Marco Polo (1975)

Marco Polo [馬哥波羅] (1975)
AKA The Four Assassins

Starring Alexander Fu Sheng, Chi Kuan-Chun, Bruce Tong Yim-Chaan, Phillip Kwok Chun-Fung, Richard Harrison, Shih Szu, Lo Dik, Gordon Liu Chia-Hui, Leung Kar-Yan, Johnny Wang Lung-Wei, Li Tong-Chun, Carter Wong, Tang Tak-Cheung, Ting Wa-Chung, Chang I-Fei, Lee Ying, Chan Wai-Lau, Han Chiang

Directed by Chang Cheh

Expectations: Very high. New Chang Cheh always gets me excited.


It’s fair to assume that a film titled Marco Polo would be centered around Marco Polo, the trader who became a trusted advisor to Kublai Khan, the Mongol leader who completed the conquest of the Song Dynasty and established the Yuan Dynasty. In Chang Cheh’s film, though, Polo is merely a small component. He is at the heart of the plot, but he honestly doesn’t do much more than glare at some people now and then. This really bothered me, and I spent a good portion of the movie trying to understand why the film might be titled after a character who does so little. I eventually came to a conclusion (which I’ll get around to), but it’s one that will require a second viewing to fully appreciate. At this juncture, I’d call it an uncharacteristically weak film for Chang Cheh, which is to say that I liked it a lot instead of flat-out loving it. 🙂

Upon returning from a three-year mission, Marco Polo presents a report of his travels to Kublai Khan. Meanwhile, a pair of Chinese rebels make their way into the court and attempt to assassinate the Khan. One is killed, and the other, Zu Jianmin (Carter Wong), manages to escape. Since he is injured and cannot move too quickly, the Khan asks Marco Polo and his three personal bodyguards (Gordon Liu, Leung Kar-Yan & Johnny Wang Lung-Wei) to kill Zu and his allies when he reaches his home. This proves to be a bit harder than anticipated, as Zu’s four sworn brothers (Alexander Fu Sheng, Chi Kuan-Chun, Bruce Tong Yim-Chaan & Phillip Kwok Chun-Fung) escape and begin harsh training to improve their martial arts skills.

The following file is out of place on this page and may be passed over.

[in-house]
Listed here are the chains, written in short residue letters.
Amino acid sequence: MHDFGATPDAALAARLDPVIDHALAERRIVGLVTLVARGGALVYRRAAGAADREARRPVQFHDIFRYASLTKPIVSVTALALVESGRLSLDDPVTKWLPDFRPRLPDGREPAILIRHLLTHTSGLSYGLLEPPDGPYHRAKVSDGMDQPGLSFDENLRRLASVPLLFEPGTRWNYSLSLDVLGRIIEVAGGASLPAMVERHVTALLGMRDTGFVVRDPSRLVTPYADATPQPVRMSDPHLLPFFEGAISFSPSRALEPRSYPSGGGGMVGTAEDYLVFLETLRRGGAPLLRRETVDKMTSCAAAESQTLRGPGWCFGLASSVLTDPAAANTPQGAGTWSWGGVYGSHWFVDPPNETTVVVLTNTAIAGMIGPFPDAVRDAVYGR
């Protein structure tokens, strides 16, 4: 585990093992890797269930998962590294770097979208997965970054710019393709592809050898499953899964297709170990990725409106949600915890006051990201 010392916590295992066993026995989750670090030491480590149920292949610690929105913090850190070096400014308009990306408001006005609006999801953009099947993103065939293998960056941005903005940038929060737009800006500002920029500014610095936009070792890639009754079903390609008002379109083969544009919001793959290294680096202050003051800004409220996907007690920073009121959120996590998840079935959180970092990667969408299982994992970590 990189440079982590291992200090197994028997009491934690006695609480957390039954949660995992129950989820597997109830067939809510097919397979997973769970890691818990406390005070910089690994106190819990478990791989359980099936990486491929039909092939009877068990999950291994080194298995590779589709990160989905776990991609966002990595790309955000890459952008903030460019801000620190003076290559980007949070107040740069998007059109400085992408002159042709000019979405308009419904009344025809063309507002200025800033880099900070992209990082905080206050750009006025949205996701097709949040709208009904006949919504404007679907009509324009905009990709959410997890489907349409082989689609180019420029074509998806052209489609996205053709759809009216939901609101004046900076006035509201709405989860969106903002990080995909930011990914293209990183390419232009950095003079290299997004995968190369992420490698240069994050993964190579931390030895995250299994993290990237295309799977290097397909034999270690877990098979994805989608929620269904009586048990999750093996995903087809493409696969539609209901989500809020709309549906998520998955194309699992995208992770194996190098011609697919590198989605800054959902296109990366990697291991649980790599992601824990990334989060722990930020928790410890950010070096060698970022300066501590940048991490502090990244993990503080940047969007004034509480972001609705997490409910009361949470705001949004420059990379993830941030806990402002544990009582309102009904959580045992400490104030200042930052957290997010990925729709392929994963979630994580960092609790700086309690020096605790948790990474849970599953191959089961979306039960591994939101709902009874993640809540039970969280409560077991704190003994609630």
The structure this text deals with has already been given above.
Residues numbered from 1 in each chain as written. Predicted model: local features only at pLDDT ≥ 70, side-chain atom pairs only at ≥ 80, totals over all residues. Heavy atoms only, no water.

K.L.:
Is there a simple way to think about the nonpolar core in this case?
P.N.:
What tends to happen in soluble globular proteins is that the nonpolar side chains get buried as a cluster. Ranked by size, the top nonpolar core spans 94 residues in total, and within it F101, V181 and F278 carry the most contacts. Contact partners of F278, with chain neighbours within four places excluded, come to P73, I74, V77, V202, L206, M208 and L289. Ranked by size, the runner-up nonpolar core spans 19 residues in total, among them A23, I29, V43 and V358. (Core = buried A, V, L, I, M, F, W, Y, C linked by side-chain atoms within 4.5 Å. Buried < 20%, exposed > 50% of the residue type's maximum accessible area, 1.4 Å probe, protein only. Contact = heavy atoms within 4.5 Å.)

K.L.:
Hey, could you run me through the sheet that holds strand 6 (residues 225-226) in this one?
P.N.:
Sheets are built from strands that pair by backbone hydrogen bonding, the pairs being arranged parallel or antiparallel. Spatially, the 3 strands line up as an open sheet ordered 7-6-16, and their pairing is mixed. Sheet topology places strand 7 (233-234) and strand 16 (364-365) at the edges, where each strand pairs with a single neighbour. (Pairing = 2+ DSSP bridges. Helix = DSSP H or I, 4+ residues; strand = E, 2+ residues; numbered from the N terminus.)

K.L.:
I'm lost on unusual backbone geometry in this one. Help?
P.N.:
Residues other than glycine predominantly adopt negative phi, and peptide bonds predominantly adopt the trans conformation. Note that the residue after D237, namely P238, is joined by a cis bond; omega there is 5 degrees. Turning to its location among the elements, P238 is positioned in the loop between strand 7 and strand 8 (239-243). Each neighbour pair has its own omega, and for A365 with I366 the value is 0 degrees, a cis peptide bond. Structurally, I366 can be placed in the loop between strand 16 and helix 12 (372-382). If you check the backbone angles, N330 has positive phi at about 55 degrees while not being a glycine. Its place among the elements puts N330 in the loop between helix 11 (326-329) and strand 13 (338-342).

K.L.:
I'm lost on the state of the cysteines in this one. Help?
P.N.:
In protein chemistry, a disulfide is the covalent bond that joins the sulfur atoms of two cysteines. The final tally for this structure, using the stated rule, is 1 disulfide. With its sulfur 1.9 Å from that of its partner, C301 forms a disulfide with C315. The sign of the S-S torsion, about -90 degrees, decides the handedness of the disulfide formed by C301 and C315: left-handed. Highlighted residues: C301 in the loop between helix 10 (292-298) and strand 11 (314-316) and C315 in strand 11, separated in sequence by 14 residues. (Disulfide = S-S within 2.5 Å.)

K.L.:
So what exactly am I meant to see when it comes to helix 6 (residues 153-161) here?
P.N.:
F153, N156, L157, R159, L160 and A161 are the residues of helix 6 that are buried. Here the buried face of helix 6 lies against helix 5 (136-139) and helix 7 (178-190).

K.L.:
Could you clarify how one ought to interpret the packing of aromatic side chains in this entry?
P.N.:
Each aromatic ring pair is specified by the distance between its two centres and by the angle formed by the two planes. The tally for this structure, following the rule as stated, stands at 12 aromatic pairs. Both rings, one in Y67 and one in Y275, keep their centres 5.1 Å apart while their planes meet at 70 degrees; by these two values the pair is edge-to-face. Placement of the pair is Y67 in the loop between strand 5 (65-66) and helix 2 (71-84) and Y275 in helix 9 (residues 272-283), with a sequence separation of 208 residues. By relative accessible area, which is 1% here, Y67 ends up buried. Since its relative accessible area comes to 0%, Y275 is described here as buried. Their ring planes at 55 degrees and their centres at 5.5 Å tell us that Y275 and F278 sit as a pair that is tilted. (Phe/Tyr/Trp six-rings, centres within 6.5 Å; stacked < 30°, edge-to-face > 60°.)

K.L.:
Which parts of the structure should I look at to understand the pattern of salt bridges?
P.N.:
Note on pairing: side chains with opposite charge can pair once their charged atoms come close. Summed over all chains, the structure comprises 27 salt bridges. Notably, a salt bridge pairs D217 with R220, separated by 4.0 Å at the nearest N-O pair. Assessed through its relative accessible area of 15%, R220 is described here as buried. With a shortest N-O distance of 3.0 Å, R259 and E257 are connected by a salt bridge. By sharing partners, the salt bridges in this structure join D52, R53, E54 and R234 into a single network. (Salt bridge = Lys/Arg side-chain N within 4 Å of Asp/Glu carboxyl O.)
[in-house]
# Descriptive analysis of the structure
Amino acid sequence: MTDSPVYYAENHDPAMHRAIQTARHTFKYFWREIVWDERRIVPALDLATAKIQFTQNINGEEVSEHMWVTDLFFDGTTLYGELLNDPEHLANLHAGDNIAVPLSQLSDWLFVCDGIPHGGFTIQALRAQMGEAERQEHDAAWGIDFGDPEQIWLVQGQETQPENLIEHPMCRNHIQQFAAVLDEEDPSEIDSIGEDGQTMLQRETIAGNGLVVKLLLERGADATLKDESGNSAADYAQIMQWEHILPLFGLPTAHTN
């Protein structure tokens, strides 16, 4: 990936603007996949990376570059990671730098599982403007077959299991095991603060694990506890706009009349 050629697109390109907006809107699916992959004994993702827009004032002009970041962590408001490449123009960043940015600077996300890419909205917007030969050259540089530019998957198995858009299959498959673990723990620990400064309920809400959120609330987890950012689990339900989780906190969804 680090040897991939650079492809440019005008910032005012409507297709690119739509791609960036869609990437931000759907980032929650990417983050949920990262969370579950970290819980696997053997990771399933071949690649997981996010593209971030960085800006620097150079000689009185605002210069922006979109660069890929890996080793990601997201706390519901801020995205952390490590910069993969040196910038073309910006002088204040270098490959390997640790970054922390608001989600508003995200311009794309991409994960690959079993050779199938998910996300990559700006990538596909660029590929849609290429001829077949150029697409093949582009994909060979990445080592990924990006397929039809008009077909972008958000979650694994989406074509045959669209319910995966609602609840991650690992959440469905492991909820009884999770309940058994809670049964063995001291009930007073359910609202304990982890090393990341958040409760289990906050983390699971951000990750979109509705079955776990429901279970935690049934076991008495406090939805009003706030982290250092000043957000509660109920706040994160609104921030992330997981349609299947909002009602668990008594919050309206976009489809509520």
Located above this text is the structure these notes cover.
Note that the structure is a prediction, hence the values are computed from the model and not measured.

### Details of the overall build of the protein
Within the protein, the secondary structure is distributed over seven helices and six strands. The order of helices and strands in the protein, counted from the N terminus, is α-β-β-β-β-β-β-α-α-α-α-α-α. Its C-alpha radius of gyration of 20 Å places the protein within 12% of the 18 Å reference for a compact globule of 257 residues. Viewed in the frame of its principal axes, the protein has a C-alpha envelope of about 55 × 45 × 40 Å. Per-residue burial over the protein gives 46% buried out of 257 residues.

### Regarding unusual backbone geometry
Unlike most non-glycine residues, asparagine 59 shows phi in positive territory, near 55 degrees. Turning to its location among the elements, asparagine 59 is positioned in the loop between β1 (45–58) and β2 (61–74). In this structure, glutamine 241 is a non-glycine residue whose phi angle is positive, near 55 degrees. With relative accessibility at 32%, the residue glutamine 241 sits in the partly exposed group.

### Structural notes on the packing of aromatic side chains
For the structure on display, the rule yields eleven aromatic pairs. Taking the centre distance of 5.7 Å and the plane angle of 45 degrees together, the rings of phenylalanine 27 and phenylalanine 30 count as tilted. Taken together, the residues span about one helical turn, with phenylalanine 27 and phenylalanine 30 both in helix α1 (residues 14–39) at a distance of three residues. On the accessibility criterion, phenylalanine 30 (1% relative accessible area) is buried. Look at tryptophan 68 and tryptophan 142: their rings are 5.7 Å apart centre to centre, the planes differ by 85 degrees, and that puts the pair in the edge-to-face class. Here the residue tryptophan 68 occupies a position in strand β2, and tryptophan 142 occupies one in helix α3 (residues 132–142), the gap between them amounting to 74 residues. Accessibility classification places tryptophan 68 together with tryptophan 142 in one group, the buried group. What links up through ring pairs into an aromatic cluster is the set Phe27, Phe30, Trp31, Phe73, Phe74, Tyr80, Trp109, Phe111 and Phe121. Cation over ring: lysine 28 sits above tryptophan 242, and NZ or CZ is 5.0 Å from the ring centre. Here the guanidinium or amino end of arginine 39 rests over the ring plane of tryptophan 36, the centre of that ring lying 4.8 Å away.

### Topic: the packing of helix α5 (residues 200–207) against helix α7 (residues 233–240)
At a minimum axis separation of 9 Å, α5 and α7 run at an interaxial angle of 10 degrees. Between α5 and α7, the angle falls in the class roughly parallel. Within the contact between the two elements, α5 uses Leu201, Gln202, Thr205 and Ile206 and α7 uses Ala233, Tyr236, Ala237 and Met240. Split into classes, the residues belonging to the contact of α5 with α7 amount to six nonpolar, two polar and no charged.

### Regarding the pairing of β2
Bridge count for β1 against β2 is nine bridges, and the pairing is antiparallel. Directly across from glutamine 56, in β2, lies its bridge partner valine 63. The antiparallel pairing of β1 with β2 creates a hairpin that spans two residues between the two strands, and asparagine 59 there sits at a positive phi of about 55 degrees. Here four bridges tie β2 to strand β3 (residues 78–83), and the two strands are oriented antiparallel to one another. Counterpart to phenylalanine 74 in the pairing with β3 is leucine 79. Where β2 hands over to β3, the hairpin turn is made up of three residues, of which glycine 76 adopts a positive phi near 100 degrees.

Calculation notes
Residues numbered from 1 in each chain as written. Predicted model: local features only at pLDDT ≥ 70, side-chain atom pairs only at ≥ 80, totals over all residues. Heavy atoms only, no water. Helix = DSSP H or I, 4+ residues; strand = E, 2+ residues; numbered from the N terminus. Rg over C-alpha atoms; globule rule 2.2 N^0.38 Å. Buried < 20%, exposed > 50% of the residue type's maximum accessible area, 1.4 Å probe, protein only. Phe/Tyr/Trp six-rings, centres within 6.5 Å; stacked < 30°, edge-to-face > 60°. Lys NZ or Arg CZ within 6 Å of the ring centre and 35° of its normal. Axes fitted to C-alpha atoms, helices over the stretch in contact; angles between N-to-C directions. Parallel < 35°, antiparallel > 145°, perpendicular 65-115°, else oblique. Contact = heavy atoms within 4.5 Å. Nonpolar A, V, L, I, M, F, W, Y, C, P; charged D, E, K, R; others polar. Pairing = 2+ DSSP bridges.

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Five Shaolin Masters (1974)

fiveshaolinmasters_1Five Shaolin Masters [少林五祖] (1974)
AKA Five Masters of Death

Starring David Chiang, Ti Lung, Alexander Fu Sheng, Chi Kuan-Chun, Mang Fei, Leung Kar-Yan, Fung Hak-On, Tsai Hung, Johnny Wang Lung-Wei, Chiang Tao, Li Chen-Piao, Gordon Liu Chia-Hui, Lo Dik, Bruce Tong Yim-Chaan, Stephan Yip Tin-Hang, Lau Kar-Wing

Directed by Chang Cheh

Expectations: The highest. Chang’s Shaolin Cycle is dope.

threehalfstar


Like Heroes Two and Men from the Monastery, Five Shaolin Masters tells a tale about refugees from the burning of the Shaolin Temple. Hung Hsi-Kuan and Fong Sai-Yuk ended up in Kwangtung in the south of China, but the heroes of Five Shaolin Masters fled north to Central China. Structurally, the film also takes a page from Shaolin Martial Arts in that our five heroes must train tirelessly to defeat seemingly invincible enemies. And like this suggests, Five Shaolin Masters ends up feeling like a blended version of all of Chang Cheh’s previous Shaolin Cycle films.

Due to this repetition of themes and structure, Five Shaolin Masters does not reach the heights of either Heroes Two or Shaolin Martial Arts, though it does come close thanks to power of the action. The complexity and dynamism of the choreography by Lau Kar-Leung and his brother Lau Kar-Wing bring the film’s relentless action to brilliant life, culminating in the five stunning, concurrent fights that make up the film’s finale. This is pure martial bliss, and I can’t imagine a martial arts film fan not getting a huge jolt of enthusiasm from this lengthy section of the film, if not the whole thing.

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Shaolin Martial Arts (1974)

shaolinmartialarts_2Shaolin Martial Arts [洪拳與詠春] (1974)

Starring Alexander Fu Sheng, Chi Kuan-Chun, Leung Kar-Yan, Johnny Wang Lung-Wei, Gordon Liu Chia-Hui, Bruce Tong Yim-Chaan, Chiang Tao, Fung Hak-On, Irene Chen Yi-Ling, Yuan Man-Tzu, Lo Dik, Chiang Nan, Fung Ngai, Simon Yuen Siu-Tin, Lau Kar-Wing, Lee Wan-Chung

Directed by Chang Cheh

Expectations: Extremely high. I love the first two Shaolin Cycle films, and have wanted to see this one for years.

fourstar